Hiring the wrong person is something every HR manager wants to avoid. It can have a wide range of negative consequences for your business, including:
- The financial implications of having to restart the recruitment process to find a replacement
- Disruption and uncertainty for your existing workforce
- A heavier or more unpredictable workload for employees who have to pick up the slack while you hire a new employee
- Decreased productivity
- Potential damage to your company's reputation and performance
Fortunately, there are many things you can do to optimize your recruitment process and reduce the risk of making a bad hire. One specific approach is to revisit your approach to skill assessment to ensure it really works for your company. Let's take a look at some of the key steps you can take to get the best results from your skill assessments:
set clear goals
Clear goals are an essential element of any business project or investment. They will help to guide the various decisions and judgments you have to make as part of your skill assessment process, and also serve as the foundation for the metrics you'll use to measure results.
To create a detailed picture of what you want to achieve, consider these questions:
- Will your skill assessments focus on job applicants, or will you use them for your existing workforce?
- Do you need specific skill sets, or is it more important to find people who are willing and able to learn?
- Are you looking to evolve and improve your existing workforce, or fill gaps created by departures?
- What skills do you require to be fully 'market fit' and able to operate at the optimal level?
The answers to these and other questions relevant to your business will show where your priorities lie, which will make it easier to plan and structure your skill assessments.
be specific about the hard and soft skills you require
Work skills come in many forms, so you need to be specific about the knowledge and competencies that are most important to your organization. In industries like logistics and manufacturing, hard skills - such as the ability to operate particular machinery or drive certain vehicles - are crucial. But many businesses in these and other sectors also attach a lot of importance to soft skills, which are more difficult to measure but no less significant than hard skills.
Since these two groups of competencies are very different, you need to be clear about the qualities you need and value the most. It's often important to start out by focusing on hard skills that are essential to your business, which could be anything from fluency in a particular language to knowing how to operate a forklift truck. You can then start to think about soft skills and how you can effectively assess them.
find your optimal approach
The constant evolution of the HR technology space means there are many skill assessment tests to choose from, each offering unique benefits. Decisions you have already made about your goals and priorities will help you decide on the right option. If you're a manufacturing company looking for an employee who is familiar with certain equipment, for example, you'll want to focus on hard skill assessments that test their knowledge in this area. It can also be useful to put job applicants in hypothetical scenarios and ask them how they would use their technical knowledge to solve a problem.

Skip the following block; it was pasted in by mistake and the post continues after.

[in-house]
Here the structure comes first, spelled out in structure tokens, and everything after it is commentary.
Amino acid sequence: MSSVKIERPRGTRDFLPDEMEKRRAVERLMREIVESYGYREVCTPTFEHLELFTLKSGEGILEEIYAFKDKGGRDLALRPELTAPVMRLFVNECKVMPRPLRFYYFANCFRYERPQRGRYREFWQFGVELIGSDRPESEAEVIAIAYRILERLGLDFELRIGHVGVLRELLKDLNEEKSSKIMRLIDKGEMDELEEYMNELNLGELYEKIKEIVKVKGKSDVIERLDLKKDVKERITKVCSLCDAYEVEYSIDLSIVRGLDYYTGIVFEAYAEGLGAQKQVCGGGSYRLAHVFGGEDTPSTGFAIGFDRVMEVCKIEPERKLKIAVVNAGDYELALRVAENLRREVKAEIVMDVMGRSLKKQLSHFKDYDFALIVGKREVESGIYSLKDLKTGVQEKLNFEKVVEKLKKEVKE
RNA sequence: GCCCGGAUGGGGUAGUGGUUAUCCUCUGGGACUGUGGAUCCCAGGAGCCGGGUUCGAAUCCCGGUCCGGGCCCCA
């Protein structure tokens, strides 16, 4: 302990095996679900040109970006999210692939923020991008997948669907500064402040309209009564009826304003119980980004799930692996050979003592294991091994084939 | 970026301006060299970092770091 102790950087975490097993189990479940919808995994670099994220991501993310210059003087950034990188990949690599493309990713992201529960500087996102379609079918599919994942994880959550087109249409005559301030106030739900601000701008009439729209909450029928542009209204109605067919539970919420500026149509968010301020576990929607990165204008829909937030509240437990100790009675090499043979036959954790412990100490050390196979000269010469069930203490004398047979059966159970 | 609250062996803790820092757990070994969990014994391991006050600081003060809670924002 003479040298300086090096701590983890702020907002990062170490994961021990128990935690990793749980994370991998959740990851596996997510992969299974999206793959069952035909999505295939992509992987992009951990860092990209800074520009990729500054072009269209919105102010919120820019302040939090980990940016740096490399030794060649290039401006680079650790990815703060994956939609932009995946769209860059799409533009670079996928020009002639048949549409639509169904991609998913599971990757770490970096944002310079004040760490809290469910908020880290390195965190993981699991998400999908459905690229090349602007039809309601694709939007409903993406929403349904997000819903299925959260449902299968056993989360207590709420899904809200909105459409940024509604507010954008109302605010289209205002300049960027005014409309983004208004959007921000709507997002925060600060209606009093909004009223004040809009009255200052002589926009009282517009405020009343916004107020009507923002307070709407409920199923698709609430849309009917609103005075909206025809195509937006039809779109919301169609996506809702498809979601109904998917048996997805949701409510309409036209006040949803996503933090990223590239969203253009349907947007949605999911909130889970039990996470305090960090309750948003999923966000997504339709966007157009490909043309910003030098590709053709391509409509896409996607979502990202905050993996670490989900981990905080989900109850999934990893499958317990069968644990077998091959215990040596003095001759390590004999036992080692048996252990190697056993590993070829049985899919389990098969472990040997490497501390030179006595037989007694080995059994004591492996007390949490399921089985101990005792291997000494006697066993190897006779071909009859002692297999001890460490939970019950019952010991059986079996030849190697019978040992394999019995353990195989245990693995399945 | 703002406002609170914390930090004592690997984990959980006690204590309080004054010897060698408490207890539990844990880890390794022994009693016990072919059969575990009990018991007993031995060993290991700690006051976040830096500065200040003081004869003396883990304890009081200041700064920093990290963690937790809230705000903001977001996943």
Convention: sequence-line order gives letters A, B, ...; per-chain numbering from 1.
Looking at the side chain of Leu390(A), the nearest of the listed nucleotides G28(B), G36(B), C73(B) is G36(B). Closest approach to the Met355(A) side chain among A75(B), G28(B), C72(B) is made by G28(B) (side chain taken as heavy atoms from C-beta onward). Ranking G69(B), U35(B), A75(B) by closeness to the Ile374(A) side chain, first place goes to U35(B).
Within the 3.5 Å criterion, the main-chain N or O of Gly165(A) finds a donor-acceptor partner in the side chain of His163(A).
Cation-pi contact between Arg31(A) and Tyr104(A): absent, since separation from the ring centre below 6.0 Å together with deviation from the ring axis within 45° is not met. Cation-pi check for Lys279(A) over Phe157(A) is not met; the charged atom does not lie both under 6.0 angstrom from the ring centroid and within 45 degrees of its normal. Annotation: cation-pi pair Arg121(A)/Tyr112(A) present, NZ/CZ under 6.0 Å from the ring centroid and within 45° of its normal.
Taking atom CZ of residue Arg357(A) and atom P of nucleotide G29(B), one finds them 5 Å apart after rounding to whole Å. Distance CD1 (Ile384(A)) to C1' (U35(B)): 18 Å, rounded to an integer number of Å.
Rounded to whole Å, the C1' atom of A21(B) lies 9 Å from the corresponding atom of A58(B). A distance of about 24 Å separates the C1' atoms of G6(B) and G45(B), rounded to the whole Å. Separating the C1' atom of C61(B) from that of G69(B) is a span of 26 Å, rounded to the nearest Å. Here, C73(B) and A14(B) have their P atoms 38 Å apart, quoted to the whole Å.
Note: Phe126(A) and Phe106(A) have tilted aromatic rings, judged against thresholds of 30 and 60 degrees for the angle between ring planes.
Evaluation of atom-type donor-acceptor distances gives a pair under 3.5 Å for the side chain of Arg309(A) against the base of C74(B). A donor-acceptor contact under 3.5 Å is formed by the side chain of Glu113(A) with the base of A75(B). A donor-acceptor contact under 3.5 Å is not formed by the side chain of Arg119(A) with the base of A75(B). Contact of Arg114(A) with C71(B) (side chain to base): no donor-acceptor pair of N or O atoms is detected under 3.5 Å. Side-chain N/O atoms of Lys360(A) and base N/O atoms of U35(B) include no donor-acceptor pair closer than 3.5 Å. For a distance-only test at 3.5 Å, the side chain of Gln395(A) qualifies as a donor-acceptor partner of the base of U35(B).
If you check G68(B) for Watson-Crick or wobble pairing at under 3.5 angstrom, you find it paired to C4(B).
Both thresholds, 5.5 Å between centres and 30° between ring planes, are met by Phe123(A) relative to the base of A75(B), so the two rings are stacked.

There are various ways to go about measuring soft skills as well. Pymetrics, a company supported by the Randstad Innovation Fund, uses gamification, behavioral science and artificial intelligence to measure attributes such as:
- Emotional intelligence
- Risk taking
search the market for solutions
Given the wide range of skill assessment platforms available, it's wise to do your research and take some time to compare the various options on offer. You can narrow down the field by identifying features and benefits that are particularly important to you. Do you want a solution that gives you control over setting questions and tasks, for instance, or one that takes these jobs off your hands?
It's also important to ask if you need a tool that generates a clear score so you can compare talent, or if you would prefer to interpret the assessment results yourself.
Just like any other business investment, your skills evaluations should be judged on the returns they deliver. Have people that you hired on the basis of skill assessment tests become successful, productive members of your workforce? Did the insights you gained from testing provide an accurate forecast of how certain individuals would perform?
The answers to these questions will help you gauge the effectiveness of your testing methods and, crucially, identify how they can be improved.
innovate and evolve
Constant change is one of the few certainties in the business world. Industries, competitor trends and customer expectations are always evolving, so you must be willing to innovate and adapt if you want to keep up. There are many stories of once industry-leading companies that either fell behind the competition, or failed entirely, because they were too slow to change or recognize transformative trends in their sector. Kodak, Nokia and Blockbuster are some of the most frequently cited examples of brands that were eclipsed by forward-thinking rivals.
When it comes to skill assessment, you could have a lot to gain from applying the sort of innovative thinking that is so vital in business strategy as a whole. Regularly revisiting and reimagining this aspect of your recruitment will ensure it stays up-to-date and effective. This, in turn, will help you find the talent you need to be on the forefront of change in your industry.